The Arbitration Fairness Index: Using a Public Rating System to Skirt the Legal Logjam and Promote Fairer and More Effective Arbitration of Employment and Consumer Disputes
85 Pages Posted: 13 Feb 2012 Last revised: 31 May 2012
Date Written: February 11, 2012
Recent Supreme Court decisions have heightened concerns about the degree of effective judicial oversight of consumer and employment arbitration under binding predispute agreements. Efforts to address such concerns are largely stymied by a political logjam. Because binding arbitration serves as the adjudicative backdrop for many kinds of consumer disputes or employer-employee conflict, the choice of arbitration and the kind of justice available under arbitration agreements may be every bit as important as consumer warranties and other substantive rights and remedies. Yet consumers and employees tend to know very little about arbitration and how it affects their rights and obligations; arbitration programs are an arcane and little-understood domain. This article explores the possibility of skirting the legal logjam through an Arbitration Fairness Index, an independent system to rate and rank consumer and employment arbitration programs. It discusses the major role ratings systems play in society and posits numerous benefits that might come from an Index that enhances understanding and awareness of the use and impact of arbitration programs. It identifies criteria for the development of an effective rating system, considers due process protocols and other standards and studies that might be of relevance to its creation, proposes a template of twenty-four elements as a basis for the Index, and explores issues associated with its implementation. It concludes that although there are significant challenges associated with obtaining the several sources of information that will underpin program ratings, an Arbitration Fairness Index will be a unique and valuable resource that complements and reinforces other current initiatives and raises consciousness of arbitration programs to a new, more appropriate level.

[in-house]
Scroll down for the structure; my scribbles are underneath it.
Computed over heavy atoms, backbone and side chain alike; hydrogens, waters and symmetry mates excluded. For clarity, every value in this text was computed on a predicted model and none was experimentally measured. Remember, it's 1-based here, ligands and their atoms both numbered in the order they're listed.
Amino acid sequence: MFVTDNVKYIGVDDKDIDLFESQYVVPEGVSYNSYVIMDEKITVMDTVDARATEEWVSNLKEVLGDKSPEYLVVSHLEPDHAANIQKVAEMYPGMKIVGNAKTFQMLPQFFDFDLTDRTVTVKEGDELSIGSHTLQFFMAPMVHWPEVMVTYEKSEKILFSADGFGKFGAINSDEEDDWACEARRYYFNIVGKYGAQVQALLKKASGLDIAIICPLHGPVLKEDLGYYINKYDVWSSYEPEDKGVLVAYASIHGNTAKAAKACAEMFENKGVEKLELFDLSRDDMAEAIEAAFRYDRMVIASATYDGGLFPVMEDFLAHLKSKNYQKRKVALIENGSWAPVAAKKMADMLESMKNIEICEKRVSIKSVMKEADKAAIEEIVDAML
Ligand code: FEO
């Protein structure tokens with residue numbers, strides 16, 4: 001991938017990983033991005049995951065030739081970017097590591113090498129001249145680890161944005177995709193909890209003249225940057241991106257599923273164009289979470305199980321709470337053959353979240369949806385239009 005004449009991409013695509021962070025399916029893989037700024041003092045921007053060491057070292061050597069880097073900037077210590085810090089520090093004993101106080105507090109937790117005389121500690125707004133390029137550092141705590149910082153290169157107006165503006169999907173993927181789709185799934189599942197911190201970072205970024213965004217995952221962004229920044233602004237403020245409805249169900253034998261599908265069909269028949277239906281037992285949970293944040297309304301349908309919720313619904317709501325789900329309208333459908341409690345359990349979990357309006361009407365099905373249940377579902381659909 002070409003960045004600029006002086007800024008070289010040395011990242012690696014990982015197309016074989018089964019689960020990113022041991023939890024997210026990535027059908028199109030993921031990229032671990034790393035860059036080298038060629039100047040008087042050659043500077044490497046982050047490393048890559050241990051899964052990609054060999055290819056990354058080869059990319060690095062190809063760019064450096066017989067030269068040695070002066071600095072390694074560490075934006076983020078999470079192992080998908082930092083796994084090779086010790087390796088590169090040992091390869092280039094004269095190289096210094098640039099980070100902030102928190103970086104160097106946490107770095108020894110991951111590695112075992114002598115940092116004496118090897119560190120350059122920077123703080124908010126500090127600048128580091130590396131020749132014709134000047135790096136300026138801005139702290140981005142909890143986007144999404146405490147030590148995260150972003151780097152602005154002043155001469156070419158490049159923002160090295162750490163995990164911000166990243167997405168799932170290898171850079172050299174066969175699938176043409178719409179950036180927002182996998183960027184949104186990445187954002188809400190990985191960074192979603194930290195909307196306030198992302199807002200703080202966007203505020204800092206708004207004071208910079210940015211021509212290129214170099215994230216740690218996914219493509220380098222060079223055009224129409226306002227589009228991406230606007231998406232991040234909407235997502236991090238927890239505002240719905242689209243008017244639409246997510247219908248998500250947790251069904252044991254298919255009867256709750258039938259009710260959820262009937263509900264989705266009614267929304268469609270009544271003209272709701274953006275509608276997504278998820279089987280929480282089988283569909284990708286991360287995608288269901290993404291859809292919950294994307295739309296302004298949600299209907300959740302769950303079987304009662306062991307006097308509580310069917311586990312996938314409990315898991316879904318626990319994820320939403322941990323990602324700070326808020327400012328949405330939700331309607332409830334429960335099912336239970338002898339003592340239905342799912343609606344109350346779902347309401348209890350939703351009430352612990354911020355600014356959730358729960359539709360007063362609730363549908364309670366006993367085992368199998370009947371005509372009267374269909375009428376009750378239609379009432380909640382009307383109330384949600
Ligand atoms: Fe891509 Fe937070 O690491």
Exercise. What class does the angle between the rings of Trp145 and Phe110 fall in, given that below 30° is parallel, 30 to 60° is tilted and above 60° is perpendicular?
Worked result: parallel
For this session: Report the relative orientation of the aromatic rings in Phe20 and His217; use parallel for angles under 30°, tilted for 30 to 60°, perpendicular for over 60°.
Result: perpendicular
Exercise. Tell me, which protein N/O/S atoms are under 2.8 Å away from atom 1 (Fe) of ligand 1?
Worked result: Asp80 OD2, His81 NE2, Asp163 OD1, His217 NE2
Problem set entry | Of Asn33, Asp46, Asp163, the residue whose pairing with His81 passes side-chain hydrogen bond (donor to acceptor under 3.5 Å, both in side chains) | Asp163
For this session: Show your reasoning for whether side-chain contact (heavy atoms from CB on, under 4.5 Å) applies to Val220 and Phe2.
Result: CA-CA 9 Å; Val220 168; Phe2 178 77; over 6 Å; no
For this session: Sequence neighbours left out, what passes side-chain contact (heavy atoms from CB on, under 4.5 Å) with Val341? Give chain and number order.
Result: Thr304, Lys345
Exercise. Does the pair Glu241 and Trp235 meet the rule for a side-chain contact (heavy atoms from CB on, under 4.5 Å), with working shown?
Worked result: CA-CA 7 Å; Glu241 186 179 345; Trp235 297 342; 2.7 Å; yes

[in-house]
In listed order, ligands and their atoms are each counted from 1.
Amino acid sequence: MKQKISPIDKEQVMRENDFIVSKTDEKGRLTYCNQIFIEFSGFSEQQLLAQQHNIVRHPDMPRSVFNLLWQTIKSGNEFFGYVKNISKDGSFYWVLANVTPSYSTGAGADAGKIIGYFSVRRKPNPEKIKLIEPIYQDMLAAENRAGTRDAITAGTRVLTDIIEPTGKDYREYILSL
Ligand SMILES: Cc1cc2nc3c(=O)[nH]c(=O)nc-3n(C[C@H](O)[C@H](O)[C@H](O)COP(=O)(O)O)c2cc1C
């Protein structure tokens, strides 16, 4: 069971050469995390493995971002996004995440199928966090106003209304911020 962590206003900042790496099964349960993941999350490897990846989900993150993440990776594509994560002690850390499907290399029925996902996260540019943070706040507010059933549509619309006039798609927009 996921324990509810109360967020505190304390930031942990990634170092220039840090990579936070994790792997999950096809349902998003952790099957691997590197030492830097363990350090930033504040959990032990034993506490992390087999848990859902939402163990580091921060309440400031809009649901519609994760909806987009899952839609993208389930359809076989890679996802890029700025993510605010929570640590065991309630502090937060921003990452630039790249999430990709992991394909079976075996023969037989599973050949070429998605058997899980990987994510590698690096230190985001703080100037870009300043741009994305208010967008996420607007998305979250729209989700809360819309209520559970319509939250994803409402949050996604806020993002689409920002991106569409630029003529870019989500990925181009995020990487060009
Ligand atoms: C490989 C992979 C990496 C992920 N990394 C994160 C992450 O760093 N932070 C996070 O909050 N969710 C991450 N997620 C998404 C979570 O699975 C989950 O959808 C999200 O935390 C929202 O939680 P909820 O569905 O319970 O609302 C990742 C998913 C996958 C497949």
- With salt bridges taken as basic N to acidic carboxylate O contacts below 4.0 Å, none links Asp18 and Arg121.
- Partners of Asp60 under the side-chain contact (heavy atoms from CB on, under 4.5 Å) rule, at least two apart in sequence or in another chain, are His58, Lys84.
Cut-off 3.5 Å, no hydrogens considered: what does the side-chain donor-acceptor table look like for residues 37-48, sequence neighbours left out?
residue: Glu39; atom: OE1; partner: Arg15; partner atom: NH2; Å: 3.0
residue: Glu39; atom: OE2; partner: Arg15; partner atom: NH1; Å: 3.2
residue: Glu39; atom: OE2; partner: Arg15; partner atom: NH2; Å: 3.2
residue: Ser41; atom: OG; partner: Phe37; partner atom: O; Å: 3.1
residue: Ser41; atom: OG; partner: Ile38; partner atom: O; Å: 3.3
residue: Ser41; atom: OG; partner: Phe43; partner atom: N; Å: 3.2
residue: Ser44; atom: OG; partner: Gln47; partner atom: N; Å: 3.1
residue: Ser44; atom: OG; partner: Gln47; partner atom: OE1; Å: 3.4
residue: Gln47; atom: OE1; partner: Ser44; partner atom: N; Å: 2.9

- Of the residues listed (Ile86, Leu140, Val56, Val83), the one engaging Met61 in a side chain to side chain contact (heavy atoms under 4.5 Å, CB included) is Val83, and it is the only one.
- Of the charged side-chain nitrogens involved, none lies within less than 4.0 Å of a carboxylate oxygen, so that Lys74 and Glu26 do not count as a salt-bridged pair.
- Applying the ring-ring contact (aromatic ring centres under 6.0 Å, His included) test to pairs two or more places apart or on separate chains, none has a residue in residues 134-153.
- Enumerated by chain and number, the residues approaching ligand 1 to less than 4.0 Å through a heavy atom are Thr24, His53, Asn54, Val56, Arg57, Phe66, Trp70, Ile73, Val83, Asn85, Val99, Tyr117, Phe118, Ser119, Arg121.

Keywords: Consumer arbitration, Employment arbitration, Adhesion contracts, Rating systems, Consumer due process protocol, Employment due process protocol, Dispute systems design, Class action waiver, Arbitration forum, ADR Provider
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